Oskar, played by newcomer Thomas Horn, is super-bright, probably autistic, and thus given to inappropriate remarks and bad timing. We see in flashback his joshing, playful relationship with his father (Tom Hanks), which is based upon the gathering of arcane facts and little projects mutually undertaken, such as a quest to find the long-lost sixth borough of New York. In the aftermath of 9/11, Oskar discovers a key in an envelope marked "Black" amid his father's personal effects and, convinced this means something important, determines to go on a city-wide search of all the "Blacks" he can find in the city phonebook. Looking on is his alienated, distant mother Linda (Sandra Bullock), a grandmother who lives across the street and her new, mysteriously mute tenant who may or may not be Oskar's grandfather (played silently and beautifully by Max von Sydow).
The outcome of this journey is unspectacular, although we do learn something endearing about Linda, which comes as a much-needed fillip after having spent so much time in the company of a frankly quite unlikeable child (albeit one played by Horn with astonishing self-assurance). At various points, we see how Oskar reacted to the increasingly desperate phone messages left by his father in his last hours, but again this goes nowhere, and serves no purpose other than to pull at the heart strings, which, as the film makes its way to its peaceful end, would have grown quite tough in most people (mine certainly had).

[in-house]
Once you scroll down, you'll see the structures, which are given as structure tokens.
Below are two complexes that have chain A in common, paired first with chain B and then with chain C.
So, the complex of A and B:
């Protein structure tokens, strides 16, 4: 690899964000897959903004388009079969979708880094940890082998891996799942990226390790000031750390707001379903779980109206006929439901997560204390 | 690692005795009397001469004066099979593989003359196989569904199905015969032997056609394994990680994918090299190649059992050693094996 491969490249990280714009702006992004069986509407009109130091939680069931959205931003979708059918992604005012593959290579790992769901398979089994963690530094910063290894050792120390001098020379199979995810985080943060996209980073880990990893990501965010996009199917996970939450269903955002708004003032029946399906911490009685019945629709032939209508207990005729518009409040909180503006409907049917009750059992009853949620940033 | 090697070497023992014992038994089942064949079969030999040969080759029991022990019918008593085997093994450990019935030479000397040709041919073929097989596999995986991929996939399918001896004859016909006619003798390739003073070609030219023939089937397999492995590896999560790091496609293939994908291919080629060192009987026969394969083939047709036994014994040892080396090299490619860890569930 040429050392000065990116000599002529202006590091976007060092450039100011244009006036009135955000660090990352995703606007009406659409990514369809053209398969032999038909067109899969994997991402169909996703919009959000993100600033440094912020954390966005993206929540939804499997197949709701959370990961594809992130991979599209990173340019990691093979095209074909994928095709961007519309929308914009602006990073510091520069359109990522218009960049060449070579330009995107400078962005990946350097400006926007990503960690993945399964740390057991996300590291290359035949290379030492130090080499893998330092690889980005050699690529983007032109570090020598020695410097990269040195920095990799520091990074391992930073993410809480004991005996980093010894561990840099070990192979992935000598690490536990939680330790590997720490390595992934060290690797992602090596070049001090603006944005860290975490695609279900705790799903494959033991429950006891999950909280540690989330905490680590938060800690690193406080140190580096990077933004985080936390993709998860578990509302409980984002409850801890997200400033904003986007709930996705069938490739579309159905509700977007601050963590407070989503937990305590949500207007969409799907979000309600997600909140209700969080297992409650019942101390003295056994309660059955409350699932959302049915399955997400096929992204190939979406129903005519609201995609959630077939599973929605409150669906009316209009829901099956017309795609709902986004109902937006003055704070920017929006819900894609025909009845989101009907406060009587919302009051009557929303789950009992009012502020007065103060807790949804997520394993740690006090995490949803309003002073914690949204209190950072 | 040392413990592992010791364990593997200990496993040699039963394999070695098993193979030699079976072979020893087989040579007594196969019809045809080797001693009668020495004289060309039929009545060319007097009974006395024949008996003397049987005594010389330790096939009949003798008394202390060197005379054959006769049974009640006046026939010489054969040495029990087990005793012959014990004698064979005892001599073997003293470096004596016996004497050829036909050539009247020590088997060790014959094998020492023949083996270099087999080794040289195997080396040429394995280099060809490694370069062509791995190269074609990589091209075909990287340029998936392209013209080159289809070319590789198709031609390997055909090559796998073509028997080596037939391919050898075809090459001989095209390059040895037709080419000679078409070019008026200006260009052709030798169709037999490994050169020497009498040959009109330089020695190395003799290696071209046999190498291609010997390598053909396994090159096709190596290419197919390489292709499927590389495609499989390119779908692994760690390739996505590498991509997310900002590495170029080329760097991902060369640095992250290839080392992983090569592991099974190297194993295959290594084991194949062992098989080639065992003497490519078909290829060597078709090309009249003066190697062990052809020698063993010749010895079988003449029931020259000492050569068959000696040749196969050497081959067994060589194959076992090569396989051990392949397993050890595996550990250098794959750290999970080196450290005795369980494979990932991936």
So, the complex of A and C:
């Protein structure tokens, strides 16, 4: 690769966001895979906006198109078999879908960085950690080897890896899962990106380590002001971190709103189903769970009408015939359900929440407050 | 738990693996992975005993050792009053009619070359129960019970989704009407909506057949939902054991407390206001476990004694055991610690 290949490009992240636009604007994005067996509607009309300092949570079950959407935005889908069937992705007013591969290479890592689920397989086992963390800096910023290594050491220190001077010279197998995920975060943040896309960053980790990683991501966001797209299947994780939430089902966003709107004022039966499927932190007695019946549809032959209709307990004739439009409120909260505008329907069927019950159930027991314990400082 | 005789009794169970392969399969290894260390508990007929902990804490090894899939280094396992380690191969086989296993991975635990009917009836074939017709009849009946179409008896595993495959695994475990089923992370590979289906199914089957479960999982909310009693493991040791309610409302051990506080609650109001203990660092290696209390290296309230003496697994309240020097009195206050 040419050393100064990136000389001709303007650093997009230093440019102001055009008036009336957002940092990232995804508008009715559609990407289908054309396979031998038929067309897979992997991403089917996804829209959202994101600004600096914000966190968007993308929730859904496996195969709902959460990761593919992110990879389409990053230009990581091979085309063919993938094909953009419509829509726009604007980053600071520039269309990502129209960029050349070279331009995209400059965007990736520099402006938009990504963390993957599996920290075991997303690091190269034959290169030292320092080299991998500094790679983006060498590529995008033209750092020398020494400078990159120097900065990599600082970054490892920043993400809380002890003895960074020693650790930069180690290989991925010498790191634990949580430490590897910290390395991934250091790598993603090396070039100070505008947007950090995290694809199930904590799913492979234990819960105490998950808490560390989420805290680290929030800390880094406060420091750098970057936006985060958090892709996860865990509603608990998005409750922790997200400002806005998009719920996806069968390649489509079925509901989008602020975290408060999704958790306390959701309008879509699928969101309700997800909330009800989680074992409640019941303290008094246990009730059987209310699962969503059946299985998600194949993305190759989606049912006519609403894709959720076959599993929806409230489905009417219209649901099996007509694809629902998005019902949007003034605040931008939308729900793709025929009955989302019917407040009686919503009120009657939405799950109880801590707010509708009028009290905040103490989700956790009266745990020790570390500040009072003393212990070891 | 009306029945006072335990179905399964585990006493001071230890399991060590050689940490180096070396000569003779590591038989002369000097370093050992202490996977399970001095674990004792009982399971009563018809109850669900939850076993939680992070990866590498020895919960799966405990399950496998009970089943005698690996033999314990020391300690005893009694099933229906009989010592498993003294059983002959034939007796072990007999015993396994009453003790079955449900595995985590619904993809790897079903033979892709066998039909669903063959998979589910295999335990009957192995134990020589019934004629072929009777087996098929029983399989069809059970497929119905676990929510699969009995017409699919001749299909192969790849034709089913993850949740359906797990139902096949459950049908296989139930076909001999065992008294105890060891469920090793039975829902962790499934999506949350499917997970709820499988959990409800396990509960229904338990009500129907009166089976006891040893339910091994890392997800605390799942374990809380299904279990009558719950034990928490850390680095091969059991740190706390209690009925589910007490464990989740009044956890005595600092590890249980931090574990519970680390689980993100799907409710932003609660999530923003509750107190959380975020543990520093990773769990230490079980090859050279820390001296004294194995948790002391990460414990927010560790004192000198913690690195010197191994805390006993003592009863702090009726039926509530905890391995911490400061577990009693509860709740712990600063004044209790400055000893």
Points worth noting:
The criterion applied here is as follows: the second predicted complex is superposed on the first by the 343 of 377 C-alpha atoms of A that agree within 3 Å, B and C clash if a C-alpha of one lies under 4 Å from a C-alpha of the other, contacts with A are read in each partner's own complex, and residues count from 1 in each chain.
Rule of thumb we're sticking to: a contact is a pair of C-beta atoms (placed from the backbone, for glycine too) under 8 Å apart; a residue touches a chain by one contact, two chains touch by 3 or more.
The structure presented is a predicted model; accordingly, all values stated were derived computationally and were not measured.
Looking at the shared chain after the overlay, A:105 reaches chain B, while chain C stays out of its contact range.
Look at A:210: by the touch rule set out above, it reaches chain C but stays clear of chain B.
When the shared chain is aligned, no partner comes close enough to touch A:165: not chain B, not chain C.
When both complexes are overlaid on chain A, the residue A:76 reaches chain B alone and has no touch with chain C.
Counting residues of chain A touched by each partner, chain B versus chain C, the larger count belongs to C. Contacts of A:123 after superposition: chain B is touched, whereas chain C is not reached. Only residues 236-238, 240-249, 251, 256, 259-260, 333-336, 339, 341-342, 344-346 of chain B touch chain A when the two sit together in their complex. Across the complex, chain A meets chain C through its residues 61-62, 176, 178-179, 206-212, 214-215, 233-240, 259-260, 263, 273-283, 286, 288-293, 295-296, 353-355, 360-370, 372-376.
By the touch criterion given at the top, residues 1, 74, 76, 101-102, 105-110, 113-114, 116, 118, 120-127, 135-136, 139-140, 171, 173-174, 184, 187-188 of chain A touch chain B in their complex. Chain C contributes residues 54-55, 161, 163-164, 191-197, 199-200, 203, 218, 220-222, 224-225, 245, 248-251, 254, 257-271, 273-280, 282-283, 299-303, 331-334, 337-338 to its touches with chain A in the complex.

Extremely Loud and Incredibly Close is smooth, good-looking and immaculately performed. It is almost tasteful in its treatment, but tastefulness is not what one wants in these circumstances. Grief is messy, all over the place; it cannot be tied up in narrative bows as it is here. Such an approach has the opposite effect: it ends up being vulgar.
Daldry's movie is (inexplicably) among the nominations for this year's Best Film Oscar. I wouldn't have thought it would stand a chance, although by the time you read this all might have been revealed on that front. It's cheering for me to be able to say (after a good few hours spent in the dark) that this one notwithstanding, the nominations reflect the high standard of many movies over the past year.
The Descendants, Midnight in Paris, Moneyball are all worth the price of a ticket. And just in case you haven't caught it yet, do see The Artist (whether or not it wins, it will be in cinemas for some time yet). Director Michel Hazanavicius's black-and-white silent homage, not just to early cinema but to classics like Singing in the Rain and A Star is Born, could be described as a perfectly rendered artefact. Presented in the square format of that era, and set to a boisterous orchestral score, it is astonishingly sure-footed in its depiction and celebration of cinema's first golden age. How reassuring it is that modern filmmakers know enough about their heritage to be able to carry off something like this with such skill and aplomb — and how encouraging that audiences have gone to see it in such numbers.